Citing recently published Mayo Clinic findings that heavy keyboard use does not increase the risk of carpal tunnel syndrome, the Alliance of American Insurers (AAI) pointed to the need for greater study of causation in musculoskeletal disorders.
"This is another example of why we cannot rely on guesses and intuition in creating ergonomic regulations -- or any other kind for that matter," said Kenneth Schloman, counsel for AAI. "Hard science is needed. In this instance, the Mayo Clinic did not find the connection between keyboard use and carpal tunnel as they expected. There are many similar examples from many occupations. This is why we support more research and individualized approaches to ergonomics rules that take into account variations in the workplace."
Schloman continued: "Interestingly, the Mayo Clinic study is right in line with the National Academy of Science report in that, regarding causality, it raises more questions than it answers."
Schloman noted that the NAS study often referenced the complex nature of the connection between these disorders and the workplace.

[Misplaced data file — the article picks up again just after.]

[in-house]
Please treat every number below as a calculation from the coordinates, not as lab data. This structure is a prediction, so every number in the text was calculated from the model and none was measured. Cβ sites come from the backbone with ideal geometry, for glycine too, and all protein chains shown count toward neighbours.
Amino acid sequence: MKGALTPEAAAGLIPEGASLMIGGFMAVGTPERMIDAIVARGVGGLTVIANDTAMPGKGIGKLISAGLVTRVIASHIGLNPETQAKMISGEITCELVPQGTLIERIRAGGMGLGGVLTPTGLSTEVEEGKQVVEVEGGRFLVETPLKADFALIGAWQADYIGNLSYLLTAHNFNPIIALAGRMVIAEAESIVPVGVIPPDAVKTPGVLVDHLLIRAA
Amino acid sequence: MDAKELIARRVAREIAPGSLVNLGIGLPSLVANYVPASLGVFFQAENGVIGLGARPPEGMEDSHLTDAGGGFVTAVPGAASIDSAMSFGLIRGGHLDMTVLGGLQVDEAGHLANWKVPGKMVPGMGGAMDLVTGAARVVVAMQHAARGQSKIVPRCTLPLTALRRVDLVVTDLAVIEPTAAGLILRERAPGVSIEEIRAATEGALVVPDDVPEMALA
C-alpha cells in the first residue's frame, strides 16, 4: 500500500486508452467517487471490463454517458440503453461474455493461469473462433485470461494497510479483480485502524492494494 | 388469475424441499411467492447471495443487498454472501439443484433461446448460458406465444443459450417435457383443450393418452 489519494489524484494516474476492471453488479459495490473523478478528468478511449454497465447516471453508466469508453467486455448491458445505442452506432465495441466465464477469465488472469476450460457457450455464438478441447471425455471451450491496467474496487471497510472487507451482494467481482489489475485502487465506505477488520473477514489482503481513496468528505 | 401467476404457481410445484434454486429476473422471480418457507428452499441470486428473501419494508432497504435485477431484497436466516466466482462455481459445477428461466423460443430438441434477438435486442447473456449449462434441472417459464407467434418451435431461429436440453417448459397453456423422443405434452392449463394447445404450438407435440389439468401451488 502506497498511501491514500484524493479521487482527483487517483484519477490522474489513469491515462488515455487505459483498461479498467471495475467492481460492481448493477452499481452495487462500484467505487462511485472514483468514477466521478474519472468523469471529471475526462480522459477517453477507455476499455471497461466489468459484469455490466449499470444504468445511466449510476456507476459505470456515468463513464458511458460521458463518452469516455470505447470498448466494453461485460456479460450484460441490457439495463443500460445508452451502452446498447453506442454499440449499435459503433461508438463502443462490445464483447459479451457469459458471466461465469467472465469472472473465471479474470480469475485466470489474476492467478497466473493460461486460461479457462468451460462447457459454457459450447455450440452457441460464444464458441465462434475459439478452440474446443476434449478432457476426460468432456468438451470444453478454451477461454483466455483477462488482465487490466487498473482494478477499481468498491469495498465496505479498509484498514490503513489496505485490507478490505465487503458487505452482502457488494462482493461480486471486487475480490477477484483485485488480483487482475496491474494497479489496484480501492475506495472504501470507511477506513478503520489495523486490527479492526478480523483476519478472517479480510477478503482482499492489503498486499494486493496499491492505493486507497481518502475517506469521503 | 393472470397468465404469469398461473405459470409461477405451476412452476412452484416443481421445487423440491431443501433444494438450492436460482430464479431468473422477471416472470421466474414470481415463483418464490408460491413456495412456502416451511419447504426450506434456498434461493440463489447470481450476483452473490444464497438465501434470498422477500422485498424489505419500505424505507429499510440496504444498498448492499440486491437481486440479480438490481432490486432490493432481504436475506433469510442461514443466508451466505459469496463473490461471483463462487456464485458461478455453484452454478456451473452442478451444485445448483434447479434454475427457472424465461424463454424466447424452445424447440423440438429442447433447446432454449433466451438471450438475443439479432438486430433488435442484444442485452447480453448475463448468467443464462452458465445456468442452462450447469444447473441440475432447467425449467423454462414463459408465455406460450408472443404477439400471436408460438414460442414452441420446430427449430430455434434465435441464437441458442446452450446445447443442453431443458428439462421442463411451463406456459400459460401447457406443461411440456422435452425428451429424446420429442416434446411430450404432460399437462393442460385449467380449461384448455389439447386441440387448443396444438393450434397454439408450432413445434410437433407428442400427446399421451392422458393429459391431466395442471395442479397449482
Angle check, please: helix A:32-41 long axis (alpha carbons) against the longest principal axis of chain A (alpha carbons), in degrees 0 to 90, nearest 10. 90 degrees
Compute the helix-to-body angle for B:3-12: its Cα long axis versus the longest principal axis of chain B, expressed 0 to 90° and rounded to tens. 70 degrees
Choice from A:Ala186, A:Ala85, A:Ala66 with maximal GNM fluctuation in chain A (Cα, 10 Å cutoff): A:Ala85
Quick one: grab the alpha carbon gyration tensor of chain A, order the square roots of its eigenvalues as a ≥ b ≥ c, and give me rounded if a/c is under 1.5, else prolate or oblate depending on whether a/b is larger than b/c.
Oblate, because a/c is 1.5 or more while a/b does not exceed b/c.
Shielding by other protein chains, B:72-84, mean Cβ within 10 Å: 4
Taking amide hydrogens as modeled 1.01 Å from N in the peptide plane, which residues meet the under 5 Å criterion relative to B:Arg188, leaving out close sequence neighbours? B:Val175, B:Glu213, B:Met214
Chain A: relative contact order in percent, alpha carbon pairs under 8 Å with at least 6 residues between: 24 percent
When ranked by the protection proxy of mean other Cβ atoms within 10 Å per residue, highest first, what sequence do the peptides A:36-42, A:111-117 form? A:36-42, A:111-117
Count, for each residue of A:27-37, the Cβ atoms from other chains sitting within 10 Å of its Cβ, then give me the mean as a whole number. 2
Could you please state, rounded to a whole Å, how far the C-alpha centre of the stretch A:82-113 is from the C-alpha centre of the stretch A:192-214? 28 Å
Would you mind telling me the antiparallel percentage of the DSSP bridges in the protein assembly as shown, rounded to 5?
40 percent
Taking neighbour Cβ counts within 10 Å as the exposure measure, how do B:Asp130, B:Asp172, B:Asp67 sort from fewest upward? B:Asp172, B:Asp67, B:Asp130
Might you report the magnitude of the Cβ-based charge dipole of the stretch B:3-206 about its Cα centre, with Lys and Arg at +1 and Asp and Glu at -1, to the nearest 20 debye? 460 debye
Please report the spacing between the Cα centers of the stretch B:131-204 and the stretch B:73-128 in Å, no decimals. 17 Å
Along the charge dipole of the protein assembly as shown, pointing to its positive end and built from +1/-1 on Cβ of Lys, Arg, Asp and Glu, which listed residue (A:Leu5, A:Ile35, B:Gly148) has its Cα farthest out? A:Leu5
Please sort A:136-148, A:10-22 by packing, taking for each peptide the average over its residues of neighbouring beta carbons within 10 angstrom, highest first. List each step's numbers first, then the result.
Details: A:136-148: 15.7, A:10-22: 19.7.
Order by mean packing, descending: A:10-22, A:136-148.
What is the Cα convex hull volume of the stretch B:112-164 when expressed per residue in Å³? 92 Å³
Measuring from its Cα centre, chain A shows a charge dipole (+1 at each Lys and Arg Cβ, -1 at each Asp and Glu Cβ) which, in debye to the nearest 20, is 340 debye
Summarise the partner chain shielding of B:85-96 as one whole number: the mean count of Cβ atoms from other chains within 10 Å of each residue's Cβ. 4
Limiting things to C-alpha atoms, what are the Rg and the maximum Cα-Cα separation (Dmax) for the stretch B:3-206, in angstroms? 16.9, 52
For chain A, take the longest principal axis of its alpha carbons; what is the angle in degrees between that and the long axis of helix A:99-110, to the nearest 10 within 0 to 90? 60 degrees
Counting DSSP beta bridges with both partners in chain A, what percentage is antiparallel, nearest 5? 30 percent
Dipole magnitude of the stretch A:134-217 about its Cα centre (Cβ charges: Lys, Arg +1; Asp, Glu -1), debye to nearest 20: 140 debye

"The scientific community''s findings do not suggest one simple prescriptive remedy," said Schloman. "This is not to suggest that conditions do not exist or that individuals are not impacted by musculoskeletal disorders. The issue is one of causation."
Causation is one of the fundamental questions of ergonomics that the Department of Labor plans to examine in three public forums next month. The meetings will take place July 16 in the District of Columbia, July 20 in Chicago and July 24 in California.
Legislation is still pending in the Senate that would require OSHA to re-issue another ergonomics rule within two years, to go into effect within 90 days of promulgation.
The bill specifies areas the rule should cover and specifically prohibits any interference with state workers'' compensation laws.
In testimony before a Senate subcommittee, Labor Secretary Elaine Chao, said that the department has not yet decided whether to issue a new rule or offer guidelines and assistance.
by Virginia Sutcliffe